WebTransport is an API offering low-latency, bidirectional, client-server messaging on top of HTTP/3. See Using WebTransport article that gives a good overview of it.
WebTransport support in Centrifugo is EXPERIMENTAL and not recommended for production usage. WebTransport IETF specification is not finished yet and may have breaking changes.
To use WebTransport you first need to run HTTP/3 experimental server and enable
In HTTP/3 and WebTransport case TLS is required.
At the time of writing only Chrome (since v97) supports WebTransport API. If you are experimenting with self-signed certificates you may need to run Chrome with flags to force HTTP/3 on origin and ignore certificate errors:
/path/to/your/Chrome --origin-to-force-quic-on=localhost:8000 --ignore-certificate-errors-spki-list=TSZTiMjLG+DNjESXdJh3f+S8C+RhsFCav7T24VNuCPQ=
Where the value of
--ignore-certificate-errors-spki-list is a certificate fingerprint obtained this way:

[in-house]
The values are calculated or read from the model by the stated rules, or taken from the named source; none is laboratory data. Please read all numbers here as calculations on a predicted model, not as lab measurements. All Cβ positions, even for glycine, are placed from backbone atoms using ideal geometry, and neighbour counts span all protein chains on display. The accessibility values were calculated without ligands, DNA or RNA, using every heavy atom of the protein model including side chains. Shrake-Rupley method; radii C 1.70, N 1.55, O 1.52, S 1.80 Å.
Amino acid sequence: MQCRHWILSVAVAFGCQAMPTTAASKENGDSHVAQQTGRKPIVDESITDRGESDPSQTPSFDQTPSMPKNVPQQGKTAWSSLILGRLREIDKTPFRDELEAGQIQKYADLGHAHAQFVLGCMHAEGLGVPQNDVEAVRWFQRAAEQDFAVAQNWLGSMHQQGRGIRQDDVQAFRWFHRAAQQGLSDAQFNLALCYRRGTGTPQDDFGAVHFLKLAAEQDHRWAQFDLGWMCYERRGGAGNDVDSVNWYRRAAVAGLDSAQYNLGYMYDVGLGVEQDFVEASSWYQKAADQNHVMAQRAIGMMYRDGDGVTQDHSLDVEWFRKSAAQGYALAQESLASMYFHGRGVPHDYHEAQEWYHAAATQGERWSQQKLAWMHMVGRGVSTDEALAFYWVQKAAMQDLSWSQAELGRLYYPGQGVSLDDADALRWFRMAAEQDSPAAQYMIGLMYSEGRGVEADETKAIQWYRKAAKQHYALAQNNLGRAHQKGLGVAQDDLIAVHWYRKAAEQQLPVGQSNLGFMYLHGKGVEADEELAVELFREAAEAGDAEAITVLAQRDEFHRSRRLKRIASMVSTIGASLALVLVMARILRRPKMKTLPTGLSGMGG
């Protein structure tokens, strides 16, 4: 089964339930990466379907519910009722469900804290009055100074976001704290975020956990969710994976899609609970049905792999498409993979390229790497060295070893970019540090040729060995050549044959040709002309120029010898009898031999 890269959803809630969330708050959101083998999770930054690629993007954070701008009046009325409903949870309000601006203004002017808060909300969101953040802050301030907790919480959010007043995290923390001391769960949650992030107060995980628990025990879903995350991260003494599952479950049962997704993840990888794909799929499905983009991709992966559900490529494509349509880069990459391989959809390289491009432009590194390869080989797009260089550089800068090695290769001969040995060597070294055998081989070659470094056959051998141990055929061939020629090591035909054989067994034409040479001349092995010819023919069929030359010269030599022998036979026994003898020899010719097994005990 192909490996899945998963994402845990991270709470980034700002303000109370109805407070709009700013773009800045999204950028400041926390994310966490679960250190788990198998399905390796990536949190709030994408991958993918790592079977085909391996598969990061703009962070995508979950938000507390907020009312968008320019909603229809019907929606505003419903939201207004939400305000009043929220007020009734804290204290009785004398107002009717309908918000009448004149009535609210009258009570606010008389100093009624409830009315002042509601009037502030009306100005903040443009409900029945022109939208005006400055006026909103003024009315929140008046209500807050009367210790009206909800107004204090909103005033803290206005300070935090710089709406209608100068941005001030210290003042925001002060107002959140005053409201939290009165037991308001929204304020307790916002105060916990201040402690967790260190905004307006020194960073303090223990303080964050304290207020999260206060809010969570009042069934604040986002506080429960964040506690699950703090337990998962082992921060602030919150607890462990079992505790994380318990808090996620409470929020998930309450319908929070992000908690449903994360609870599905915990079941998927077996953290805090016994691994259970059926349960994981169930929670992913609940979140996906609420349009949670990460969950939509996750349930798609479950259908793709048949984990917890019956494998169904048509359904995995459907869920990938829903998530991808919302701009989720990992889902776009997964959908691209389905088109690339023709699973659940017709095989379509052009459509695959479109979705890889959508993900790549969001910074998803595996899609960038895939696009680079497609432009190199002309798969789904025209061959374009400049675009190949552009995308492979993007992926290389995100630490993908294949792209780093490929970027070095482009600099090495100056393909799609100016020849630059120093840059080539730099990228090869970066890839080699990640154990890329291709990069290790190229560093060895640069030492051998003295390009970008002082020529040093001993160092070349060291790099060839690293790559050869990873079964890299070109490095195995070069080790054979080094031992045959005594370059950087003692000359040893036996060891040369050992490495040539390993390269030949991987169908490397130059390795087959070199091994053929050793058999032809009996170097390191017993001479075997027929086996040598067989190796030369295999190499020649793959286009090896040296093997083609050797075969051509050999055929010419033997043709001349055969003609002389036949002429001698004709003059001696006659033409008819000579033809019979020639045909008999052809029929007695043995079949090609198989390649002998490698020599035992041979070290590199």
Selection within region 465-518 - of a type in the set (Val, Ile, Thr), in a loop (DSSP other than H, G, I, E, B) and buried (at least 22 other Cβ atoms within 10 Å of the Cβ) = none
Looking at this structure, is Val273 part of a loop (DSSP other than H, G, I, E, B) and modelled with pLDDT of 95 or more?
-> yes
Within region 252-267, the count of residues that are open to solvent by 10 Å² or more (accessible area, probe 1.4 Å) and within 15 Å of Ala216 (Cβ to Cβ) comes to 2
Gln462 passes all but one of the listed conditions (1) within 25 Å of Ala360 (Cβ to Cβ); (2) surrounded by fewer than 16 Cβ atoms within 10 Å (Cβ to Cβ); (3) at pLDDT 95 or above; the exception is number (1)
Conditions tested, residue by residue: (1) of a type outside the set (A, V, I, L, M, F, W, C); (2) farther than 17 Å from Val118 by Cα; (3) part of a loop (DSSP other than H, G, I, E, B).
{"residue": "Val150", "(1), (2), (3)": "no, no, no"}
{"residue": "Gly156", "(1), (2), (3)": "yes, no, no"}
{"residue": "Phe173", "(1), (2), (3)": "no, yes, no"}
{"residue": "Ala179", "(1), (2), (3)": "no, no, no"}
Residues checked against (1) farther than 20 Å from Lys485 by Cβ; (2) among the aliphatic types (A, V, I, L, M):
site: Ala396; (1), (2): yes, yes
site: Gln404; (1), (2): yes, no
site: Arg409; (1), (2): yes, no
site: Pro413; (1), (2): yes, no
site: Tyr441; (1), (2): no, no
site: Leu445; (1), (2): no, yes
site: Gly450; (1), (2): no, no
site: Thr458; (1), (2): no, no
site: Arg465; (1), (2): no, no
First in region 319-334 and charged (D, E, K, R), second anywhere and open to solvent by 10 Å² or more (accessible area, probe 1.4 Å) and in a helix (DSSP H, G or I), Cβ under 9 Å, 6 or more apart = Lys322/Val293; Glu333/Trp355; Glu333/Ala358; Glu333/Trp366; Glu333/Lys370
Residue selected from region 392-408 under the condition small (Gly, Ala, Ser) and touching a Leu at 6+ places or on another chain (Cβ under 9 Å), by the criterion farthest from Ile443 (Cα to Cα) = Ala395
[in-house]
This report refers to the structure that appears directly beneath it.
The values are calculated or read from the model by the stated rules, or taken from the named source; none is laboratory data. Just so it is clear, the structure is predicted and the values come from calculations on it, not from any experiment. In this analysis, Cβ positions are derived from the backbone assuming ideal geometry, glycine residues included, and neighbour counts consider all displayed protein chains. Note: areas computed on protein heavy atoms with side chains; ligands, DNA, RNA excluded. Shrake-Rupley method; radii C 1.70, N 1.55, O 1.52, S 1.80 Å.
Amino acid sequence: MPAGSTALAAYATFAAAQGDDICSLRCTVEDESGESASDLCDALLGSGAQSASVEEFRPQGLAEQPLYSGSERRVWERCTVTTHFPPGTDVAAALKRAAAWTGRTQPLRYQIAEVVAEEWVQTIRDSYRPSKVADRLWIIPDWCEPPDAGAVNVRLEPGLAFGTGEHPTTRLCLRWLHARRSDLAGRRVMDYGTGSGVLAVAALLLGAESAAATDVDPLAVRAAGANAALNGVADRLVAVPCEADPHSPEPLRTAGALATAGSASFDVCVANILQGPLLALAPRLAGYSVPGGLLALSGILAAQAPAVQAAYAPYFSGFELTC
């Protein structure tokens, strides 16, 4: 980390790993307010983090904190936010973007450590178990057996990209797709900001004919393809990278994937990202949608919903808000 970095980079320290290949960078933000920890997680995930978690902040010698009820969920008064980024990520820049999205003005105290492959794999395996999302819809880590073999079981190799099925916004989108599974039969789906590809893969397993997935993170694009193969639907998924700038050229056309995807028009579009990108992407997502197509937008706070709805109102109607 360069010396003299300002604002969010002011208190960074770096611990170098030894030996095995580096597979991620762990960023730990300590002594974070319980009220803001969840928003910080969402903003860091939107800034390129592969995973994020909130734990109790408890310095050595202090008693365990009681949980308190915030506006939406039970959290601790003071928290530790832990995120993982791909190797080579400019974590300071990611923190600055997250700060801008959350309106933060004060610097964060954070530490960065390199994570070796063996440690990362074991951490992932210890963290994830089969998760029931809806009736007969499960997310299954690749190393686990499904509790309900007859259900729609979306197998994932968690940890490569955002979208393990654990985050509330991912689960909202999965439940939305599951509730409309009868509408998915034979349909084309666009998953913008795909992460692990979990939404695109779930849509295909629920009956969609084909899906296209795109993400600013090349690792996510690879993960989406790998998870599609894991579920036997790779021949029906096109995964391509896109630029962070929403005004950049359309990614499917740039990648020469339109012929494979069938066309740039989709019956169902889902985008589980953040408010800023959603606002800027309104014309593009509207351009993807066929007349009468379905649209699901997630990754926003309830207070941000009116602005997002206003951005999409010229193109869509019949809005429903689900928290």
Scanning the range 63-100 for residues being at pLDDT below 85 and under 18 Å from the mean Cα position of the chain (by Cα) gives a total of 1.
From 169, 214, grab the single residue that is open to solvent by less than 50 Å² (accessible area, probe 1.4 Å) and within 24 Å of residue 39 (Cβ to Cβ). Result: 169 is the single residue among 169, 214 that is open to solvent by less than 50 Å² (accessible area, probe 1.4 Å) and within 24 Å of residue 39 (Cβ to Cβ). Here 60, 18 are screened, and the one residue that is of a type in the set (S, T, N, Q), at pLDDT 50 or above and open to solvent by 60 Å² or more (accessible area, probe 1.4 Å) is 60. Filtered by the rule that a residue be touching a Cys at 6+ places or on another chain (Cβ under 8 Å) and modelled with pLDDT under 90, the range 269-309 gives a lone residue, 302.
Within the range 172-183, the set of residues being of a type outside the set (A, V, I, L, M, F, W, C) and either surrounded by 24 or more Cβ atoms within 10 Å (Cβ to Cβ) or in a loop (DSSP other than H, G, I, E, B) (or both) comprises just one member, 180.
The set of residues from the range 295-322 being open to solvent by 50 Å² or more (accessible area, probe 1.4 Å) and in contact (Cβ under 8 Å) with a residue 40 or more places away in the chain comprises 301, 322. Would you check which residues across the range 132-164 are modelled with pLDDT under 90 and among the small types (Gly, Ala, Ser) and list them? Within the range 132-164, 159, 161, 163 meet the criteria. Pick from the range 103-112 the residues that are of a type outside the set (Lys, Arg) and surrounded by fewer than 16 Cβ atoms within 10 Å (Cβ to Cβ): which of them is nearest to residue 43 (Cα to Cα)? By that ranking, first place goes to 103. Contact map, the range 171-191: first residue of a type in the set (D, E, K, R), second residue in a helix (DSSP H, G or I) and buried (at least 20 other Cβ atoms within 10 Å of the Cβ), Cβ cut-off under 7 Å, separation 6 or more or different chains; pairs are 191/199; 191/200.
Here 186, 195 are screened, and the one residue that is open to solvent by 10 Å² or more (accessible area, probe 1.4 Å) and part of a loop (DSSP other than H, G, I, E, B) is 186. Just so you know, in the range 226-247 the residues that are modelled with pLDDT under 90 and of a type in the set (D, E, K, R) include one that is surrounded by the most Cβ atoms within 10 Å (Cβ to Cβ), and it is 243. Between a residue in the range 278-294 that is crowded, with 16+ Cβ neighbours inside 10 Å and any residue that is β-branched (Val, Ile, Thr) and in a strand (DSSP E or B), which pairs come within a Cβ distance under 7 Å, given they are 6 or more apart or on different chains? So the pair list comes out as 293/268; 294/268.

openssl x509 -in server.crt -pubkey -noout | openssl pkey -pubin -outform der | openssl dgst -sha256 -binary | openssl enc -base64
With not self-signed certs things should work just fine in Chrome.
Here is a video tutorial that shows this in action:
After starting Centrifugo with HTTP/3 and WebTransport endpoint you can connect to that endpoint (by default –
centrifuge-js. For example, let's enable WebTransport and will use WebSocket as a fallback option:
const transports = [
const centrifuge = new Centrifuge(transports);
Note, that we are using secure schemes here –
wss://. While in WebSocket case you could opt for non-TLS communication, in WebTransport case non-TLS
http:// scheme is simply not supported by the specification.
Make sure you run Centrifugo without load balancer or reverse proxy in front, or make sure your proxy can proxy HTTP/3 traffic to Centrifugo.
In Centrifugo case, we utilize a single bidirectional stream of WebTransport to pass our protocol between client and server. Both JSON and Protobuf communication are supported. There are some issues with the proper passing of the disconnect advice in some cases, otherwise it's fully functional.
Obviously, due to the limited WebTransport support in browsers at the moment, possible breaking changes in the WebTransport specification it's an experimental feature. And it's not recommended for production usage for now. At some point in the future, it may become a reasonable alternative to WebSocket.